Bravery in the Halls: Shore’s Veterans Day Celebration

Seniors assemble in the RTO to discuss the draft and much more

Grace Walker and Grace DiCianni

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On November 6, thirty veterans from the local area came to Shore Regional for a special Veterans Day celebration. To welcome these brave men into our schools, students from every grade lined the hallways, clapped and waved flags as they walked the halls. Each man was different, some older, having served in WWII, and some younger, having served more recently. Another man, who was missing both his legs, made his way down the hall in a wheelchair, showing students and faculty the brutal reality of the war and staggering bravery of those who participated in it. 

To open the ceremony, Assistant Principal Mr. Bruccoleri gave a few words about the meaning of freedom, and how we often take it for granted. He was followed by Senator Vin Gopal, the chairman of The Military and Veterans’ Affairs Committee. Gopal spoke about the importance of ceremonies like these, and how he hopes other schools across the country are following in our footsteps. Following Mr. Gopal were Gingerbread House preschoolers, dressed in festive outfits and handmade hats, who spoke kind words about the plethora of veterans sitting behind them and sang God Bless America for the entire auditorium. Mr. Peter Bova, a veteran of WWII and Omaha Beach, spoke about his time in the war with each of his brothers, and even briefly about his experience as a Nazi POW, captivating the audience before they broke out into their individual sessions.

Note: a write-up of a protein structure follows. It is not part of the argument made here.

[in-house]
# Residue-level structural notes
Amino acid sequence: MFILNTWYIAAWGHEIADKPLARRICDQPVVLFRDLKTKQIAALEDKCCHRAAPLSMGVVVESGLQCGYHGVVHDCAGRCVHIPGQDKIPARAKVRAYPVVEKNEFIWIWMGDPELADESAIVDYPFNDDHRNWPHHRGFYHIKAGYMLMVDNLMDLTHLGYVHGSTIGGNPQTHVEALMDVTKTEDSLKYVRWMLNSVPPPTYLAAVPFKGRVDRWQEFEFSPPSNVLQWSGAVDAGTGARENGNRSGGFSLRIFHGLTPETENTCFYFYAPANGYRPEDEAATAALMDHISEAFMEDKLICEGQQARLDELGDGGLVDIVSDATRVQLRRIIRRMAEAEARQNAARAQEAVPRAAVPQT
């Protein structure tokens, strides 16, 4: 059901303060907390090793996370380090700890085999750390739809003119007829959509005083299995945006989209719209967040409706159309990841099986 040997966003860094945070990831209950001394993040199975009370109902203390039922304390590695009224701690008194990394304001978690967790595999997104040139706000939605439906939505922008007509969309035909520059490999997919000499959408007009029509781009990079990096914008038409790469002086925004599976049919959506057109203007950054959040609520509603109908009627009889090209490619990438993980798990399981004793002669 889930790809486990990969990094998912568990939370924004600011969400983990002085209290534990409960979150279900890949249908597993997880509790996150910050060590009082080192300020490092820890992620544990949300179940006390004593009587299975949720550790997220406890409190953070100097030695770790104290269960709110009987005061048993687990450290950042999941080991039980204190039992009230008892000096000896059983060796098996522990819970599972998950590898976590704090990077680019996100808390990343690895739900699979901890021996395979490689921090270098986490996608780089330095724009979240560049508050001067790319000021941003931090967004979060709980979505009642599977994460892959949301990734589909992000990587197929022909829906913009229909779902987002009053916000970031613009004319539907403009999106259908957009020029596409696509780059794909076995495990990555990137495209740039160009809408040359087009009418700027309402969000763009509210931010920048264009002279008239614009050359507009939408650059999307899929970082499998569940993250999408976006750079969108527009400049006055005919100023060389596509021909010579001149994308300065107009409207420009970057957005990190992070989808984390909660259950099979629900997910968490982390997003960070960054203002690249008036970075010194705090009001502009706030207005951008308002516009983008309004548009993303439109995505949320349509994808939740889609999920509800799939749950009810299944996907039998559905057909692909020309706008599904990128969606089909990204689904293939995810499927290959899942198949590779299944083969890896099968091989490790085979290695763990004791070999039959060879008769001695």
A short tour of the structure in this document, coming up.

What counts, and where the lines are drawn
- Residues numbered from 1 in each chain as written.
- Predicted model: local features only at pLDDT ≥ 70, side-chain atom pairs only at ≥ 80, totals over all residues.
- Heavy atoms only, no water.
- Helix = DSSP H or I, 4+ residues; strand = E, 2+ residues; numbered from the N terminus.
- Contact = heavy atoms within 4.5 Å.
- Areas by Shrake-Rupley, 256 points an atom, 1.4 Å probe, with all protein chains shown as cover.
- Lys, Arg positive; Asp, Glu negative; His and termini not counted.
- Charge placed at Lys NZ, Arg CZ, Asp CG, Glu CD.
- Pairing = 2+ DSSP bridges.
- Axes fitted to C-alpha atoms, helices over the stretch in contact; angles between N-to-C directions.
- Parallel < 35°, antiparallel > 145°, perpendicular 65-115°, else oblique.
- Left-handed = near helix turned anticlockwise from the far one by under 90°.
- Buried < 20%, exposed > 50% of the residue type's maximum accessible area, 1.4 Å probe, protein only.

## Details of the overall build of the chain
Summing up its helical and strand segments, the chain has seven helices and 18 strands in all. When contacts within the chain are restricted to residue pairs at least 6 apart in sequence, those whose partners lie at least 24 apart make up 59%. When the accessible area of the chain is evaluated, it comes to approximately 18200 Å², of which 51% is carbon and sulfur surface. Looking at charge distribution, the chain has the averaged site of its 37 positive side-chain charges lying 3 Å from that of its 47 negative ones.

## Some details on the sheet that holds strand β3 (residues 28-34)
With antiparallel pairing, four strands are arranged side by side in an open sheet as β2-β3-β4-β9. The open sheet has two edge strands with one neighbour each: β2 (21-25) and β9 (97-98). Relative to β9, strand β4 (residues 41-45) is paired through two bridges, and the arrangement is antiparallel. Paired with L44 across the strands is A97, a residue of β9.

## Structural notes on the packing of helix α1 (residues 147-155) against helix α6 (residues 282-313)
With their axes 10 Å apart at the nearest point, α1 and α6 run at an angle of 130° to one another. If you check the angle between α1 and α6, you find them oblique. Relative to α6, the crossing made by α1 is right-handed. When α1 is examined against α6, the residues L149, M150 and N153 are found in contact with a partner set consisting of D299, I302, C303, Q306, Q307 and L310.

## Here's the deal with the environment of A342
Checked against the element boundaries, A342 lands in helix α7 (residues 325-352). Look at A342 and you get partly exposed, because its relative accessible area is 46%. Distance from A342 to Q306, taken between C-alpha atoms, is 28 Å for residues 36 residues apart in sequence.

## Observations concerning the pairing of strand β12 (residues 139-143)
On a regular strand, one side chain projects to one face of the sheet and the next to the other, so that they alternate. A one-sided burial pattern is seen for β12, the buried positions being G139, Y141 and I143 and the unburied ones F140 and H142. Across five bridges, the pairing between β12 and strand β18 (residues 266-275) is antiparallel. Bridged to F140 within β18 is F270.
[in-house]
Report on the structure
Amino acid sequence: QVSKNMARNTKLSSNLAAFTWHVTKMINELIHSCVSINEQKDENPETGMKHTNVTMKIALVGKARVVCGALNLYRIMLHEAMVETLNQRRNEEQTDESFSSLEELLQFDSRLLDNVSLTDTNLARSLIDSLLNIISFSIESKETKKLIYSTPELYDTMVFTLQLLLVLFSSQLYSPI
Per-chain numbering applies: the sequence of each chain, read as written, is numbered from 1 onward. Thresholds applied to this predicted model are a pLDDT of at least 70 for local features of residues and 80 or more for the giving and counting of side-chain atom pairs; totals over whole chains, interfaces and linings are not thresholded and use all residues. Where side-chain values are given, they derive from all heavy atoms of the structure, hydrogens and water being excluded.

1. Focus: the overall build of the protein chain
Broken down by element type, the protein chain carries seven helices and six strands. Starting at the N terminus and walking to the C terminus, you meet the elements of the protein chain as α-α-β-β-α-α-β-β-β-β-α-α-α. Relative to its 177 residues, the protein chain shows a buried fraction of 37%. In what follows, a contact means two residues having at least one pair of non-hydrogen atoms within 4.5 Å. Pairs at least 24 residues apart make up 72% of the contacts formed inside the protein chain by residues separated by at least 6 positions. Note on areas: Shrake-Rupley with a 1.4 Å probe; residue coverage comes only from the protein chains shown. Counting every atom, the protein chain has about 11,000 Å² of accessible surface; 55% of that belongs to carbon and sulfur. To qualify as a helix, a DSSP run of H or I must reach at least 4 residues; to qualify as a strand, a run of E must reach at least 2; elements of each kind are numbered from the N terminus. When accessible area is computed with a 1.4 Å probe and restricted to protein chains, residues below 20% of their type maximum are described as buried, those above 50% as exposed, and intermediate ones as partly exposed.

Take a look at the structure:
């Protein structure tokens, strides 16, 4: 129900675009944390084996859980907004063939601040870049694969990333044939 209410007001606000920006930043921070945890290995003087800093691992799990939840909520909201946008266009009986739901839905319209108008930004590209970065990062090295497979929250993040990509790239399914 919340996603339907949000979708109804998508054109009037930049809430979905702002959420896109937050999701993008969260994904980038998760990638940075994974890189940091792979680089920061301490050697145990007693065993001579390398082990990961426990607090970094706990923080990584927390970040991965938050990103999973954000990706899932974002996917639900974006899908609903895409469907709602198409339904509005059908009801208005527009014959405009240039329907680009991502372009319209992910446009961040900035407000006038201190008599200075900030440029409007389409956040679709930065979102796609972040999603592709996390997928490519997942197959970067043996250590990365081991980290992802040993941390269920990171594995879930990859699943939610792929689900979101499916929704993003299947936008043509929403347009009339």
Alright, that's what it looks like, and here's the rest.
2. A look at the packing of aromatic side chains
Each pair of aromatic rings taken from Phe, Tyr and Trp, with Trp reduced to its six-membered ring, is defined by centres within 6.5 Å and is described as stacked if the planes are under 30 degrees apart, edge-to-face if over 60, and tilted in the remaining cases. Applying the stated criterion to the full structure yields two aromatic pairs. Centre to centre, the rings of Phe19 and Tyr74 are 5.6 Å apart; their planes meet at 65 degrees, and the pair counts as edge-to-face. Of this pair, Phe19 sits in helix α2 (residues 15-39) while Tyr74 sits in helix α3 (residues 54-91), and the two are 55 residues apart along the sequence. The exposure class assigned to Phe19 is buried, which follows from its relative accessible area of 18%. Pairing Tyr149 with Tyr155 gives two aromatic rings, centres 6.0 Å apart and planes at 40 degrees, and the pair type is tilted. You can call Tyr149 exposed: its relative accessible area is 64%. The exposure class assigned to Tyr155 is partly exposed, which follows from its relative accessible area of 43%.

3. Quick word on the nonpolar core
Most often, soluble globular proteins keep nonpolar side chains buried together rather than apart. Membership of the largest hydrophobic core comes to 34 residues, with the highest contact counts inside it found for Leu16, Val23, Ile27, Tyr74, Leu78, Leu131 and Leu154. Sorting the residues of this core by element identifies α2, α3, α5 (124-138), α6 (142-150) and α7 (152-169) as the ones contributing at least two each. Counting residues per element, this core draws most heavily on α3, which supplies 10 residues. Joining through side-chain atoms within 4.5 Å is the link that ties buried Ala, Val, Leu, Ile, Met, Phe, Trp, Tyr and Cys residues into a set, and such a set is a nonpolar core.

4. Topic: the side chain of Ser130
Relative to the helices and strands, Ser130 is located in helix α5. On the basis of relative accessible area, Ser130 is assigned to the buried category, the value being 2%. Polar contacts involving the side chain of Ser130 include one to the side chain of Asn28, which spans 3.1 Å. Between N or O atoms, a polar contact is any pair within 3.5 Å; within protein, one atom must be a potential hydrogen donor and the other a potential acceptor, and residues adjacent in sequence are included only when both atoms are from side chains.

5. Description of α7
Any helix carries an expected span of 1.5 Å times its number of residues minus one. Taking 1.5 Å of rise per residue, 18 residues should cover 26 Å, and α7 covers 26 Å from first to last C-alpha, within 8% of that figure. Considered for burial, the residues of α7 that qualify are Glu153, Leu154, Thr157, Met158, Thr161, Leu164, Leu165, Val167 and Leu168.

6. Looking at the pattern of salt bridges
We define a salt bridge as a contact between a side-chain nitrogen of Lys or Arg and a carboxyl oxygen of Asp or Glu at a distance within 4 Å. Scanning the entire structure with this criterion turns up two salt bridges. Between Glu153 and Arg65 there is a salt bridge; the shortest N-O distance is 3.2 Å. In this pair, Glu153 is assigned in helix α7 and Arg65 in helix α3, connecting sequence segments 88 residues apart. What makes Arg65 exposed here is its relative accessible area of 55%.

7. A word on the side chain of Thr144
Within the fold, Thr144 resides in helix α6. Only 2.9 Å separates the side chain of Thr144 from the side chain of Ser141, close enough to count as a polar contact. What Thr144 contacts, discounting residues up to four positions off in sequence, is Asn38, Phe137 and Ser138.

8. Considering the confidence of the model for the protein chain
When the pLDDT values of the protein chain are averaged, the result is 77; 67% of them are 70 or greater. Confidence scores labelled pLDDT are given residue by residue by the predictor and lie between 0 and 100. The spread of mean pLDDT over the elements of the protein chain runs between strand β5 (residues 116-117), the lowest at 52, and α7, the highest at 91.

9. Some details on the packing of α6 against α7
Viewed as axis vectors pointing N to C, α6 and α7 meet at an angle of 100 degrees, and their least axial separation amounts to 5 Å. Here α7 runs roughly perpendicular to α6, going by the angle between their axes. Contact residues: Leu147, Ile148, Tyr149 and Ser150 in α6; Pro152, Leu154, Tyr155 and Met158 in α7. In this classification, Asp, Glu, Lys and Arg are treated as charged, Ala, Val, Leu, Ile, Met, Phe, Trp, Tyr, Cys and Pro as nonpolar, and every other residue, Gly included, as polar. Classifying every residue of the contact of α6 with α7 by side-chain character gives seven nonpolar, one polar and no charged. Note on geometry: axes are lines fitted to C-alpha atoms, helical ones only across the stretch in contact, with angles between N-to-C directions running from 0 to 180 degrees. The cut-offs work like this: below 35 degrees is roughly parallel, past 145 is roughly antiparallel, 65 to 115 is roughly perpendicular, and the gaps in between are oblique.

In the RTO, students and faculty members filed in to listen to Vietnam veterans speak about their time in the war. Before they began, they emphasized that they would not be answering any questions about killing, for the memories were too painful. While most of the men in the room were volunteers, one differed from the rest. Bob Jacobs was a high school history teacher in Freehold Township when he got the news: he had been drafted into the Vietnam war. He explained to his audience the process of the draft, and even asked kids their birthdays, telling them whether or not they would have been drafted and at what point in the war. This demonstration had kids astonished, consumed by the harsh reality of the randomness of the draft. 

Each veteran spoke about the harshness of Post Traumatic Stress Disorder and how they dealt with it when they encountered it themselves. They described it as losing touch with reality, because they were not able to process the true trauma of the war until they were back home. Contributing to their experiences with PTSD were the quick transitions from battlefield to home. Toward the end of the war, the US started working hard to get soldiers out of Vietnam as quickly as they could. Multiple men were being shipped out by plane each day. “You could be being shot at one second and then be home 72 hours later,” said Bob Hopkins, an Army first lieutenant in the Vietnam war. Although they each went through unique experiences, they all felt the same way, utterly proud to have done what they did for their country, and if they were asked to serve again, knowing what they now know, they would do it all over for that same sense of pride. 

By the end of the presentation, students in the RTO were grateful for what they had learned. Talking about traumatic events is not always easy, but these men did so with pride and a sincere sense of honor. Senior Isabella Saponaro, who viewed the presentation in the RTO, said “It was thrilling to learn about their experiences, and the courage and bravery they show is truly astonishing. I feel as if sometimes we take our freedoms for granted, because we have always had them, but it is thanks to these men that we have been able to keep them. Each year, the presentations really make me think and feel thankful.”

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